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  • In the February issue of Best of British…

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Best of British is the UK’s premier nostalgia magazine covering every aspect of life from the 1930s to today.

Each issue encourages you to:

  • Explore readers’ own recollections and memories in our Yesterday Remembered section
  • Discover more about days gone past with stories on everything from vintage transport to great Britons and from Christmas traditions to great days out
  • Enjoy regular reader favourites such as Treasures in the Attic, 1940s Post, Postcard from… and of course our Puzzle Page and Crossword

We hope you like reading our magazine as much as we love compiling it. In the meantime here is this month’s letter from our Editor, Simon Stabler

Ooh, Fashion
I can’t be alone in having committed a few fashion faux pas over the years. Granted, I had little choice over the hand-knitted, colourful V-neck jumpers, basin haircuts and NHS glasses of my early childhood. However, I have no one else to blame for the denim dungarees worn in my 20s, which quite rightly led to someone asking: “Are you a refugee from Dexy’s Midnight Runners?”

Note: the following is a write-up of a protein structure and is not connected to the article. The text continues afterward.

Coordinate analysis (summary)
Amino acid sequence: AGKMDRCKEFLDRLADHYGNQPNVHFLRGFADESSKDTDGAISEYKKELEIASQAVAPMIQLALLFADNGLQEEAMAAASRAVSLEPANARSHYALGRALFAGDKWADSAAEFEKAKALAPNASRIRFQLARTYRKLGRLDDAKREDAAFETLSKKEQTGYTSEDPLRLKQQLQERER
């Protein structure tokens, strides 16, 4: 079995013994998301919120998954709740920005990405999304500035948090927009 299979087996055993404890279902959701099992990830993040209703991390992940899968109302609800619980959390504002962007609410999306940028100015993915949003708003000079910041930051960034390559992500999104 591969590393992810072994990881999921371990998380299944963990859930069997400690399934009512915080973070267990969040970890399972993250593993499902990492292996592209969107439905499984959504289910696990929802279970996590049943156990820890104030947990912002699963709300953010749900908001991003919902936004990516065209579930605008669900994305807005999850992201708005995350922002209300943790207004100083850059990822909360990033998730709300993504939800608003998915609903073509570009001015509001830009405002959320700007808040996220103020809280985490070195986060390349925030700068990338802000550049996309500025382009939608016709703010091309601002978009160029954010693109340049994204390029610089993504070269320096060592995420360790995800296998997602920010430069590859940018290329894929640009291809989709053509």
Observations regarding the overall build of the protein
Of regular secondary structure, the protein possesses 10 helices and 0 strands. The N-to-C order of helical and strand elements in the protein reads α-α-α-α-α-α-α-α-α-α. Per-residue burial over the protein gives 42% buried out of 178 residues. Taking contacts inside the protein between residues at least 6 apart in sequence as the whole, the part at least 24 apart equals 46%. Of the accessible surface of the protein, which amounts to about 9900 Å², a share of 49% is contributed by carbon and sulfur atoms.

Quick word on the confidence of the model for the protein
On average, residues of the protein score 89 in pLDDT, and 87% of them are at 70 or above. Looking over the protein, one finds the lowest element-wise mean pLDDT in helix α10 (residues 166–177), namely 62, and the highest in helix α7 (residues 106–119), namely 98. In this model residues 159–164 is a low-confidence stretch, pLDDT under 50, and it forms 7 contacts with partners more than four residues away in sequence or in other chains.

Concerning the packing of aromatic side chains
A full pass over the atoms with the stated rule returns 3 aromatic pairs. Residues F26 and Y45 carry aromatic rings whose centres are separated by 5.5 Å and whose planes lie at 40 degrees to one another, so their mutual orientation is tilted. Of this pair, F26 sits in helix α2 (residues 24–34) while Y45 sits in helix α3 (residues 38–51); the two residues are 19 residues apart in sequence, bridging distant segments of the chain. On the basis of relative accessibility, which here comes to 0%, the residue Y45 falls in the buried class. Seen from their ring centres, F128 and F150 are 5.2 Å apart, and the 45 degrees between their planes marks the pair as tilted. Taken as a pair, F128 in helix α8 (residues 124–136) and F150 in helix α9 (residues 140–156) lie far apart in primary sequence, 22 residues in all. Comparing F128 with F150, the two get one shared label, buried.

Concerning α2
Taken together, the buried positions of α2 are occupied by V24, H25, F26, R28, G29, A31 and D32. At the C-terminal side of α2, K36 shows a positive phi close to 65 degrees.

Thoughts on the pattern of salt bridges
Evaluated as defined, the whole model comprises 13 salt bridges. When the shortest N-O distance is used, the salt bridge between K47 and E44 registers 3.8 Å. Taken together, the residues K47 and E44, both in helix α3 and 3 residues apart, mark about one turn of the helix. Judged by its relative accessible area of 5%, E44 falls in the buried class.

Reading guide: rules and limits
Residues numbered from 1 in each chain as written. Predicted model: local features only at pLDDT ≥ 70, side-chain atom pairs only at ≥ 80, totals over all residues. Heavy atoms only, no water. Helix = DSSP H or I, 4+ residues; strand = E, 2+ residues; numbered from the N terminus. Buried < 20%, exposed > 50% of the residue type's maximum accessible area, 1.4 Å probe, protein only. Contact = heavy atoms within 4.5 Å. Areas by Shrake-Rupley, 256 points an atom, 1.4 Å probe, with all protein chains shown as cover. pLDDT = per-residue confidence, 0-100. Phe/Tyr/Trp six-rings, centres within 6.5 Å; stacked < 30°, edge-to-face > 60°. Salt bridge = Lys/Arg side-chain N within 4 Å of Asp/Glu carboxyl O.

Death by denim aside, I’ve largely worn the same kind of outfit for the past 20 or so years and even I am surprised when I see others adopting ‘my look’ today. Even NHS specs are having a comeback at the moment, if only as an affectation.

This issue, we celebrate some very different aspects of British fashion, from the need to make do and mend in World War Two, to the extravagances of the postwar New Look and, of course, the minimalistic miniskirt of the 1960s and beyond, which no doubt caused many a parent to turn to their daughter and say: “You are not going out of this house like that.”

Someone who probably said something similar to her daughter was Mrs M, the mother of fad-mad Edina Monsoon (Jennifer Saunders) in the sitcom Absolutely Fabulous. Played by Dame June Whitfield, the role meant the actress was admired by at least three generations of the British public. Whether you first became aware of her through radio shows such as Take It From Here, or television programmes including The Blood Donor and, of course, her many collaborations with Terry Scott, I’m sure you will agree Dame June will be sorely missed.